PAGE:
The behavior of ions in water is controlled by their water affinity
JournalQuarterly reviews of biophysics
PublisherCambridge University Press
MetadataShow full item record
AbstractThe strong, long-range electrostatic forces described by Coulomb’s law disappear for ions in water, and the behavior of these ions is instead controlled by their water affinity – a weak, short-range force which arises from their charge density. This was established experimentally in the mid-1980s by size-exclusion chromatography on carefully calibrated Sephadex® G-10 (which measures the effective volume and thus the water affinity of an ion) and by neutron diffraction with isotopic substitution (which measures the density and orientation of water molecules near the diffracting ion and thus its water affinity). These conclusions have been confirmed more recently by molecular dynamics simulations, which explicitly model each individual water molecule. This surprising change in force regime occurs because the oppositely charged ions in aqueous salt solutions exist functionally as ion pairs (separated by 0, 1 or 2 water molecules) as has now been shown by dielectric relaxation spectroscopy; this cancels out the strong long-range electrostatic forces and allows the weak, short-range water affinity effects to come to the fore. This microscopic structure of aqueous salt solutions is not captured by models utilizing a macroscopic dielectric constant. Additionally, the Law of Matching Water Affinity, first described in 1997 and 2004, establishes that contact ion pair formation is controlled by water affinity and is a major determinant of the solubility of charged species since only a net neutral species can change phases.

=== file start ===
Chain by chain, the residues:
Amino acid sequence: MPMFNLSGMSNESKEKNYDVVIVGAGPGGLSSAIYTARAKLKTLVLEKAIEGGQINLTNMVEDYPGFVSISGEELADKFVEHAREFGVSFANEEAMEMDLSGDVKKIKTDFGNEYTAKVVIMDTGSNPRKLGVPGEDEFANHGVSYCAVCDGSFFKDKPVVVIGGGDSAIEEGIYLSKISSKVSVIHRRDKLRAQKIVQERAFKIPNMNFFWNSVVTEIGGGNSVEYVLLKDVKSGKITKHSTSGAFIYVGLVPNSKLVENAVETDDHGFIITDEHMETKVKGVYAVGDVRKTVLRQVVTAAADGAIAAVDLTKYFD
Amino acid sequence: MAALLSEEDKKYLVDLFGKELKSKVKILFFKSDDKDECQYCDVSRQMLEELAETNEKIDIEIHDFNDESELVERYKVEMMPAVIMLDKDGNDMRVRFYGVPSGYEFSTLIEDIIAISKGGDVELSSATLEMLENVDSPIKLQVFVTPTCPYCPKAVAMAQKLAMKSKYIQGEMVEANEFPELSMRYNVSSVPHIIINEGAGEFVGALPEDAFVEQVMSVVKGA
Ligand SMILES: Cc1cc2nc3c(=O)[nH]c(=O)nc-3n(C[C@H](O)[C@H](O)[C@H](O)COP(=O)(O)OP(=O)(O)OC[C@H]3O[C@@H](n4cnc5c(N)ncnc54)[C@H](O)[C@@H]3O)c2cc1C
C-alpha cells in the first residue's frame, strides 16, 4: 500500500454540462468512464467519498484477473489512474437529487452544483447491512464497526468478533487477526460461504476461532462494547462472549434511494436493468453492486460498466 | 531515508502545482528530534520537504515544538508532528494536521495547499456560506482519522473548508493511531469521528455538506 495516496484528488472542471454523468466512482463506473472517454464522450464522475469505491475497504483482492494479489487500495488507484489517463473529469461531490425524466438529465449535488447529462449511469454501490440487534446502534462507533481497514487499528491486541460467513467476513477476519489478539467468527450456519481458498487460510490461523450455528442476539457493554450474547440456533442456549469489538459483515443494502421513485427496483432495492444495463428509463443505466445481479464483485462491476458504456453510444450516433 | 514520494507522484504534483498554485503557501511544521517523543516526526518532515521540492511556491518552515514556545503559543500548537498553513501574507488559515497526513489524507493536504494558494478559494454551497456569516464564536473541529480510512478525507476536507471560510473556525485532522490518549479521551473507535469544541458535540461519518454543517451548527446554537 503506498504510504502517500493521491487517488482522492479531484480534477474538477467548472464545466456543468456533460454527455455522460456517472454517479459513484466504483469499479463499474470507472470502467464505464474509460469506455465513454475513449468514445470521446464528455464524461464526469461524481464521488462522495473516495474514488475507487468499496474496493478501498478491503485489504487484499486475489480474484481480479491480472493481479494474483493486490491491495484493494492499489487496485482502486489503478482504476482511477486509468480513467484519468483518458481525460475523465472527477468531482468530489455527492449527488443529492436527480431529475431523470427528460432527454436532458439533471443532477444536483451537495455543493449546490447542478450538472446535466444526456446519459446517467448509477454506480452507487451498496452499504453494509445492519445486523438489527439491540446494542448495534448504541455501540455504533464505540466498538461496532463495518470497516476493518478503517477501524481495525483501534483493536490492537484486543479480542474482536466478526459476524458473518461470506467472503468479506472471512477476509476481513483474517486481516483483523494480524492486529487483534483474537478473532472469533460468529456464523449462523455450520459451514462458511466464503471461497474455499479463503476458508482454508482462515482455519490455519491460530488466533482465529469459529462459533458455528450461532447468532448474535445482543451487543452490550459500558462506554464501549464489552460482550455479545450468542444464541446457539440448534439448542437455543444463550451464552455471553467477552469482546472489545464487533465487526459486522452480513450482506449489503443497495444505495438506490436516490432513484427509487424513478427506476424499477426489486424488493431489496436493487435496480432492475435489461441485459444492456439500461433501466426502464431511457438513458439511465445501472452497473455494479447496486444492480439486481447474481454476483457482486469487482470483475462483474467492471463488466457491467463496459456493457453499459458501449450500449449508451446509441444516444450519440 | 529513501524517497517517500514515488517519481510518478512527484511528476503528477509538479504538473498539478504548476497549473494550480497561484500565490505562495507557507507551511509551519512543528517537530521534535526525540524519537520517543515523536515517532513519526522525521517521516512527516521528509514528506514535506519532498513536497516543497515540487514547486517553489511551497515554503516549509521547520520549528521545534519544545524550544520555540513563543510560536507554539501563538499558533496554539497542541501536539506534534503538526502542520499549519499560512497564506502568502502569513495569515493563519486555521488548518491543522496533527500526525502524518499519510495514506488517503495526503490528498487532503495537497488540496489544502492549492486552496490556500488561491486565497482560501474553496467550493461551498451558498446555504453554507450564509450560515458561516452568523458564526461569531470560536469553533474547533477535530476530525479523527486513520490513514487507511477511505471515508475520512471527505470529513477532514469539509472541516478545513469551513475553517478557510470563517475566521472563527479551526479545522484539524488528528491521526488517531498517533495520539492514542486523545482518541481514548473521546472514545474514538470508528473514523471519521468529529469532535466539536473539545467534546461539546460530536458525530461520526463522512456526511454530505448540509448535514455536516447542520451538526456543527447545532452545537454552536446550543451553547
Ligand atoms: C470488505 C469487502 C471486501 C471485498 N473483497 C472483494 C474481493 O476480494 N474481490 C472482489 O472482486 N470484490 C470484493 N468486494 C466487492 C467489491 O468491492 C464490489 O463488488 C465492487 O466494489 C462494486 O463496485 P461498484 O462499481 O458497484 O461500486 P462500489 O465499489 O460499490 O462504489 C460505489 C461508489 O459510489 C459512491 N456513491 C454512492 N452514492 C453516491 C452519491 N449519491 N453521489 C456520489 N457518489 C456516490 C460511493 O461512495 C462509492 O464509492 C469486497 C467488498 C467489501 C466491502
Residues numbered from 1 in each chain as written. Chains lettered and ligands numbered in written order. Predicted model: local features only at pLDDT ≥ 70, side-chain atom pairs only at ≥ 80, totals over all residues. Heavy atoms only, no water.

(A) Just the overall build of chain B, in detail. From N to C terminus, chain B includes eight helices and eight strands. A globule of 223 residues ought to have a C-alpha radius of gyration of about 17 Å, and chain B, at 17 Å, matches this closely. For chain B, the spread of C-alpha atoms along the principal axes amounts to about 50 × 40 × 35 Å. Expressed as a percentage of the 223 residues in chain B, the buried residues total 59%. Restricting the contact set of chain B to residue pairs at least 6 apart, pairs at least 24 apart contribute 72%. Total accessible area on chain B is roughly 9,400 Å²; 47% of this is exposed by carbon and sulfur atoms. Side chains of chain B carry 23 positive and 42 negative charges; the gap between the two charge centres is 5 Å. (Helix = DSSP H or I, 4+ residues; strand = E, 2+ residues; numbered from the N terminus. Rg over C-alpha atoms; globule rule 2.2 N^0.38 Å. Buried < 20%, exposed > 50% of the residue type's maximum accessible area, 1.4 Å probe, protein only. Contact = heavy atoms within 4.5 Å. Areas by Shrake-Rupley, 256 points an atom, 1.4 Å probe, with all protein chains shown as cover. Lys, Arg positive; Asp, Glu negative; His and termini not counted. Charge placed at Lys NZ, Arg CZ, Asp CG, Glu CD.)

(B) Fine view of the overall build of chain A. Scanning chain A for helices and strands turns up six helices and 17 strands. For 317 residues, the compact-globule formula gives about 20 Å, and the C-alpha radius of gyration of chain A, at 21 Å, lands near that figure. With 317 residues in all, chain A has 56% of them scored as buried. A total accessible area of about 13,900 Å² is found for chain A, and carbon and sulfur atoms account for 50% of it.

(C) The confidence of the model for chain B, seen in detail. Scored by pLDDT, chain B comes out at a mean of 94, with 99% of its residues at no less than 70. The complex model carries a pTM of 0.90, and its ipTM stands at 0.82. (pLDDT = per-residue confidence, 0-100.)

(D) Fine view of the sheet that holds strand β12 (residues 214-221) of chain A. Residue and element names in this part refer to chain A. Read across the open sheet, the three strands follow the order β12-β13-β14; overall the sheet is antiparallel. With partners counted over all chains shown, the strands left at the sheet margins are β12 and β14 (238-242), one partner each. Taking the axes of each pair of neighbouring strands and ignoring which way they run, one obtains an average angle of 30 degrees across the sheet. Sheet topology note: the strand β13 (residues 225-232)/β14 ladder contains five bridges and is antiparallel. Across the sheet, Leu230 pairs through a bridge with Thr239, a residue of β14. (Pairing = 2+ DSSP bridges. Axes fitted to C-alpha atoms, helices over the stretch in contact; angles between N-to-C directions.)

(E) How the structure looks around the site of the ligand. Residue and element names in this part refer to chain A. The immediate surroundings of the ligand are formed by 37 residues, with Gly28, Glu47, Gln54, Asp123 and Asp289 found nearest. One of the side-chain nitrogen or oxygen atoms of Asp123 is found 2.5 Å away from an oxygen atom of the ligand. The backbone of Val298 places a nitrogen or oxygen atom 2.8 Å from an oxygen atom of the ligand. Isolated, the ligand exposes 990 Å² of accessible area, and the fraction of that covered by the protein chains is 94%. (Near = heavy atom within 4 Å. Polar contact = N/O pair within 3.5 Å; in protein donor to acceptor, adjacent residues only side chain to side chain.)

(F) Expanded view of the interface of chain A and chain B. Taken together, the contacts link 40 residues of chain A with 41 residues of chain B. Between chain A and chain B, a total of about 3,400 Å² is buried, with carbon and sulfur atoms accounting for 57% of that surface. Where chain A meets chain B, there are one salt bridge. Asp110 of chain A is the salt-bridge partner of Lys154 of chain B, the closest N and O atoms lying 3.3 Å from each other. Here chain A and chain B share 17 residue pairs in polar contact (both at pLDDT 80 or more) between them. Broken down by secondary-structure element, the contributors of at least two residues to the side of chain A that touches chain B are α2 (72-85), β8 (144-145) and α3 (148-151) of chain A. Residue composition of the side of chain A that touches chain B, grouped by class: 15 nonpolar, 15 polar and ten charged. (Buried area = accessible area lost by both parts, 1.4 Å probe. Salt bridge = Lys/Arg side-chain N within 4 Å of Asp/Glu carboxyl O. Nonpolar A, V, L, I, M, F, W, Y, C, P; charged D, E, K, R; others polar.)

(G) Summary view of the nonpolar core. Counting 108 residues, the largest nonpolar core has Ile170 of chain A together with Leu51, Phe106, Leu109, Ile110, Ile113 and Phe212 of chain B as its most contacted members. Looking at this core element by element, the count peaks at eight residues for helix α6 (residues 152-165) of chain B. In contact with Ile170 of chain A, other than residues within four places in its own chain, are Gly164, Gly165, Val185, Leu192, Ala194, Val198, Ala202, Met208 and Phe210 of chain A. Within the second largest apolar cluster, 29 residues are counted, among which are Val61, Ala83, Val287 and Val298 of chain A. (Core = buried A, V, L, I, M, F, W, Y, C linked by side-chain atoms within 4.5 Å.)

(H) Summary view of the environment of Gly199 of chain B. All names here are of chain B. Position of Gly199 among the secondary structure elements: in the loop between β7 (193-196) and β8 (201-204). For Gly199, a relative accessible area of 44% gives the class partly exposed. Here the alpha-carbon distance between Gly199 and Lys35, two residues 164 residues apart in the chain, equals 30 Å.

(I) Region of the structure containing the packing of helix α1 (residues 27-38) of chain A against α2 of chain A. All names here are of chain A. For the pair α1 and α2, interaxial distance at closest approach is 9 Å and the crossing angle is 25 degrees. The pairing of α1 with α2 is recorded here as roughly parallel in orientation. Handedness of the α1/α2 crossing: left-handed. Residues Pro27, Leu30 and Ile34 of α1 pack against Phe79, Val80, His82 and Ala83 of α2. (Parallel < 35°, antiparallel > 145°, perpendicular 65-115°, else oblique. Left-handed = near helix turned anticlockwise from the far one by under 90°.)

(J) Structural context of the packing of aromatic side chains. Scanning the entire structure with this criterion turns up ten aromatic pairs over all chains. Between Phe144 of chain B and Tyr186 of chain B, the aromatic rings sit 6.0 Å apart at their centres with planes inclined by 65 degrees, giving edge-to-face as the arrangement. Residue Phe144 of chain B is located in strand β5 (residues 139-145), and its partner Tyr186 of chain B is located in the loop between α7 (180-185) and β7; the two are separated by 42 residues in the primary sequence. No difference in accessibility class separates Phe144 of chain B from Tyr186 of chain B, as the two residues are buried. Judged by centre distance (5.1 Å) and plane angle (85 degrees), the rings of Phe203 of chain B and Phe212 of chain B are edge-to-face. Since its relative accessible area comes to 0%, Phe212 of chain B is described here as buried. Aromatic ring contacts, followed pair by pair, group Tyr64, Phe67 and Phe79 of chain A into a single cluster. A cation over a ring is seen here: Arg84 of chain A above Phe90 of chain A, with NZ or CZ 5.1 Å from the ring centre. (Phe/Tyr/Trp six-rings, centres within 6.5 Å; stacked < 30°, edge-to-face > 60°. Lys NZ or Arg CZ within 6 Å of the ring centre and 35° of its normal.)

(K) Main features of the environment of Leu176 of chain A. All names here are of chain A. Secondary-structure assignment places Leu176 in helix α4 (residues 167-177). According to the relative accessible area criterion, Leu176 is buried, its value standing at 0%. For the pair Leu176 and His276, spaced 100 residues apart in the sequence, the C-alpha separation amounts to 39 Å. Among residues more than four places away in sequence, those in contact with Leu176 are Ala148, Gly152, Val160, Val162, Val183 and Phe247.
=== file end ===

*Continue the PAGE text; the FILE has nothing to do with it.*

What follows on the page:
Identifier to cite or link to this itemhttps://www.scopus.com/inward/record.uri?eid=2-s2.0-85075115564&doi=10.1017%2fS0033583519000106&partnerID=40&md5=1210a5ac72c2eab41e0b0792e9098206; http://hdl.handle.net/10713/11467
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